Wednesday, 07 August 2013

Hospitals join national pregnancy and RHD study

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pregnant RHDThe quantitative part of the study will be utilising the framework of the Australasian Maternity Outcomes Surveillance System (AMOSS). Image: SusanTHIRTY-four hospitals in Western Australia are participating in the nation’s most extensive study into rheumatic heart disease in pregnancy.

Taking place over four years, the Rheumatic Heart Disease (RHD) and Pregnancy study will use both qualitative and quantitative methods to improve outcomes for women with RHD in pregnancy.

The research will be breaking new ground, according to Geraldine Vaughan from the University of New South Wales’ School of Medicine.

“Most of the guidelines and information we have on rheumatic heart disease is either information studies on non-pregnant adults or women with congenital heart disease,” she says.

“A big part of what we’re doing is raising awareness about rheumatic heart disease.”

The study will have a particular impact on improving health outcomes for indigenous women.

The abstract highlights that Aboriginal and Torres Strait Islanders in remote regions of Australia have among the world’s highest documented rates of RHD.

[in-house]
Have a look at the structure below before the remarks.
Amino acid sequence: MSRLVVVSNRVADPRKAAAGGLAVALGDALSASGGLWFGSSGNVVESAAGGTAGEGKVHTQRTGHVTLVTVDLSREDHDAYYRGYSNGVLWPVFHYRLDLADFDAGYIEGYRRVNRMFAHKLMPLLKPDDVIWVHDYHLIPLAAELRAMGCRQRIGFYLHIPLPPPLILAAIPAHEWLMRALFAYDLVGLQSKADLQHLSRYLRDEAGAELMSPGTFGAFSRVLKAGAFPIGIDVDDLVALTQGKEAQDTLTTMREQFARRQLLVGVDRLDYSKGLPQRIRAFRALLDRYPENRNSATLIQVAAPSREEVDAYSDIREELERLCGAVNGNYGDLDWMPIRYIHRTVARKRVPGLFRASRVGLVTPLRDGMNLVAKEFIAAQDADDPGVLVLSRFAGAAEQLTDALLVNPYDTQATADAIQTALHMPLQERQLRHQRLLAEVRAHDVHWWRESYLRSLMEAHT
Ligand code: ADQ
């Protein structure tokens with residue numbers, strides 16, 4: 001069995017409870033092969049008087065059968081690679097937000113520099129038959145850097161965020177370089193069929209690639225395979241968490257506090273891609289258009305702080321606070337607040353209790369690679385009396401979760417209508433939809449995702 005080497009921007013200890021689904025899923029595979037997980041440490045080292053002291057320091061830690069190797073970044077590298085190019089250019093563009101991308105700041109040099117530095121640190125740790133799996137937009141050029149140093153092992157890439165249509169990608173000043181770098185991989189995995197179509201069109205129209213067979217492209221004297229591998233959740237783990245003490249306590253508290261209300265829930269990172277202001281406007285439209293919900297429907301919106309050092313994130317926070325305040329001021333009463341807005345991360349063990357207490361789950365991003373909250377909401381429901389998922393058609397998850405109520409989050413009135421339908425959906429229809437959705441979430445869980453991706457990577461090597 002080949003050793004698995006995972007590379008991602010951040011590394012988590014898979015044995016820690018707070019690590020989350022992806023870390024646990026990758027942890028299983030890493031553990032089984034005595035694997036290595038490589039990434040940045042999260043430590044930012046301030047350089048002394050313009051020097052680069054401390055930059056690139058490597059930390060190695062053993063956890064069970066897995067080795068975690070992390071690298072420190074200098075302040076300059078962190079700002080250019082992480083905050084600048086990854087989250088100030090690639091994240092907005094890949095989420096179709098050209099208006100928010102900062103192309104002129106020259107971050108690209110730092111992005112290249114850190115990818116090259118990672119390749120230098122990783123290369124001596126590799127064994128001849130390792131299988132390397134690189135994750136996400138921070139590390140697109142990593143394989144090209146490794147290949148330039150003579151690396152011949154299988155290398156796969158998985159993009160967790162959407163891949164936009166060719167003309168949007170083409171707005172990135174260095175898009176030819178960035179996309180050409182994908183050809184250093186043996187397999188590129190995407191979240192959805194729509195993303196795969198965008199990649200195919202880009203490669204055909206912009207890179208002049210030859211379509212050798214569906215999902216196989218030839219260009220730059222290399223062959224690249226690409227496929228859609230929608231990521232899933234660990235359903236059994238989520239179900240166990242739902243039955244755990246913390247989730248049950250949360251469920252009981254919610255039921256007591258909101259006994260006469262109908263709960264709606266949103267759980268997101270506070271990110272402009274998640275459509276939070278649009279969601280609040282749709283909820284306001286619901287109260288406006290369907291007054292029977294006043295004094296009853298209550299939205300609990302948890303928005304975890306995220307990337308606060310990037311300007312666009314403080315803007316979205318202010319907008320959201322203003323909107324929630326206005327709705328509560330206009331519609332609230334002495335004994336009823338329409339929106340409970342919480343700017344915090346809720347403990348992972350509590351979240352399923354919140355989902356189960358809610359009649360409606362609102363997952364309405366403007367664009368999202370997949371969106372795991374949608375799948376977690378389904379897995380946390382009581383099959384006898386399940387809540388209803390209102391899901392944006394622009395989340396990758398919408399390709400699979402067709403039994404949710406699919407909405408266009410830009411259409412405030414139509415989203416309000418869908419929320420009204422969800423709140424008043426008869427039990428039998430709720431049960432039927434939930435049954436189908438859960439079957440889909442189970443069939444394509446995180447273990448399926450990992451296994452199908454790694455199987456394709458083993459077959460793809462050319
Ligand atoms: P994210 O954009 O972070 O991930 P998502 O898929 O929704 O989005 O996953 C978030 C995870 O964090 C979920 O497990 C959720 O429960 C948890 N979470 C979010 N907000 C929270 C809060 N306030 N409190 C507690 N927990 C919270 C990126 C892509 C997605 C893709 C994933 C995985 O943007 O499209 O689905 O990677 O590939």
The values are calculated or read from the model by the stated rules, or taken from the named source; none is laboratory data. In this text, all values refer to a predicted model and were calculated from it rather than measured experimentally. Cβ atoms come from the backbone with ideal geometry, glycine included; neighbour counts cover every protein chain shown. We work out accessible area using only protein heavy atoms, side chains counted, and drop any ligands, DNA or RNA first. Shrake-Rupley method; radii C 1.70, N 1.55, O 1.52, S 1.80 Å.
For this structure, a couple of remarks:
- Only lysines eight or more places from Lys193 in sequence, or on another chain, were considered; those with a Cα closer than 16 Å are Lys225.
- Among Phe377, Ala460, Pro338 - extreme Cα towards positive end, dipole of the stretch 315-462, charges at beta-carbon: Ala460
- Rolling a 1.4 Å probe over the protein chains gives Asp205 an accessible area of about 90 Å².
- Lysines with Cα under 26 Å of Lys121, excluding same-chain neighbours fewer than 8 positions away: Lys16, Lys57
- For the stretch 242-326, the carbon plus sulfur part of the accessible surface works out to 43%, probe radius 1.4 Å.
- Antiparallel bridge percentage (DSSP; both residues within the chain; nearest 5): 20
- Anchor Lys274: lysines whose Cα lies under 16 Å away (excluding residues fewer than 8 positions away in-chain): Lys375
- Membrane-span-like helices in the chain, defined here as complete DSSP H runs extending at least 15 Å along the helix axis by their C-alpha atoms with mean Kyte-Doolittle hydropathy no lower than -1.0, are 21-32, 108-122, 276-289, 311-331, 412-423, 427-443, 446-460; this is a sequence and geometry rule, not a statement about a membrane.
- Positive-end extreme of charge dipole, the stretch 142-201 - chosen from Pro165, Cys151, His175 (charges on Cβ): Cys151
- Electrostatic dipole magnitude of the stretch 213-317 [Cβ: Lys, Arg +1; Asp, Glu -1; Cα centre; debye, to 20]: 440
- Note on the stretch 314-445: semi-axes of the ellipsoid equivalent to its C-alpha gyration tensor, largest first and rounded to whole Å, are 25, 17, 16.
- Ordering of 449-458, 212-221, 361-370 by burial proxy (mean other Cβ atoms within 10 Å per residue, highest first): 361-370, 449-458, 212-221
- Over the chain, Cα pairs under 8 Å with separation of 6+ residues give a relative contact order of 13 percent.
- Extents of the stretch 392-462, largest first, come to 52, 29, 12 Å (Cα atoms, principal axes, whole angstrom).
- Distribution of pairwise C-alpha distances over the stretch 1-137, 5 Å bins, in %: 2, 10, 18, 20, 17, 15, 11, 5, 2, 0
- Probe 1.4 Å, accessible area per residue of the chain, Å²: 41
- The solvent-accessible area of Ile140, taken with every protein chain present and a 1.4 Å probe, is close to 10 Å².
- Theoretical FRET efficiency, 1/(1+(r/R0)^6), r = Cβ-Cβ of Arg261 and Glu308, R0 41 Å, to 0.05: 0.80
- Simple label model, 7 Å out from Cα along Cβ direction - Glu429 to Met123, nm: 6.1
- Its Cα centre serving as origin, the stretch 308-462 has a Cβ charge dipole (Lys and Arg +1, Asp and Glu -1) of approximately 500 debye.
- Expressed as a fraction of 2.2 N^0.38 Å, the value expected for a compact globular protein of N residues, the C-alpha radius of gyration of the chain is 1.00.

The paper states that in 2008, more than 2.5 per cent of 25–34 year-olds and more than three per cent of 35–44 year-olds of Aboriginal descent in the Northern Territory had rheumatic heart disease.

This is despite the disease being preventable.

“This is a disease of inequity,” Ms Vaughan says.

“For anyone with rheumatic heart disease, if you’re Aboriginal or Torres Strait Islander, the impact is likely to be greater.

“So you’re looking at things like the mortality [from RHD] rate is higher among Indigenous people.”

The quantitative part of the study will be utilising the framework of the Australasian Maternity Outcomes Surveillance System (AMOSS).

AMOSS is a national research and surveillance system focused on studying a range of serious or rare conditions in pregnancy.

More than 300 hospitals across Australia and New Zealand are involved in AMOSS, giving the RHD In Pregnancy study a solid candidate pool.

“One of the strengths of this study is we use this AMOSS system which is providing us an infrastructure for surveillance and data collection,” she says.

“That existing system is very strong and we have almost 300 maternity units across Australia and New Zealand [participating in AMOSS].”

The qualitative portion of the study is being undertaken in the Northern Territory and New South Wales.

Director of the Telethon Institute for Child Health Research, Professor Jonathon Carapetis will be one of the key authors of the study.

The study will be completed in 2015.

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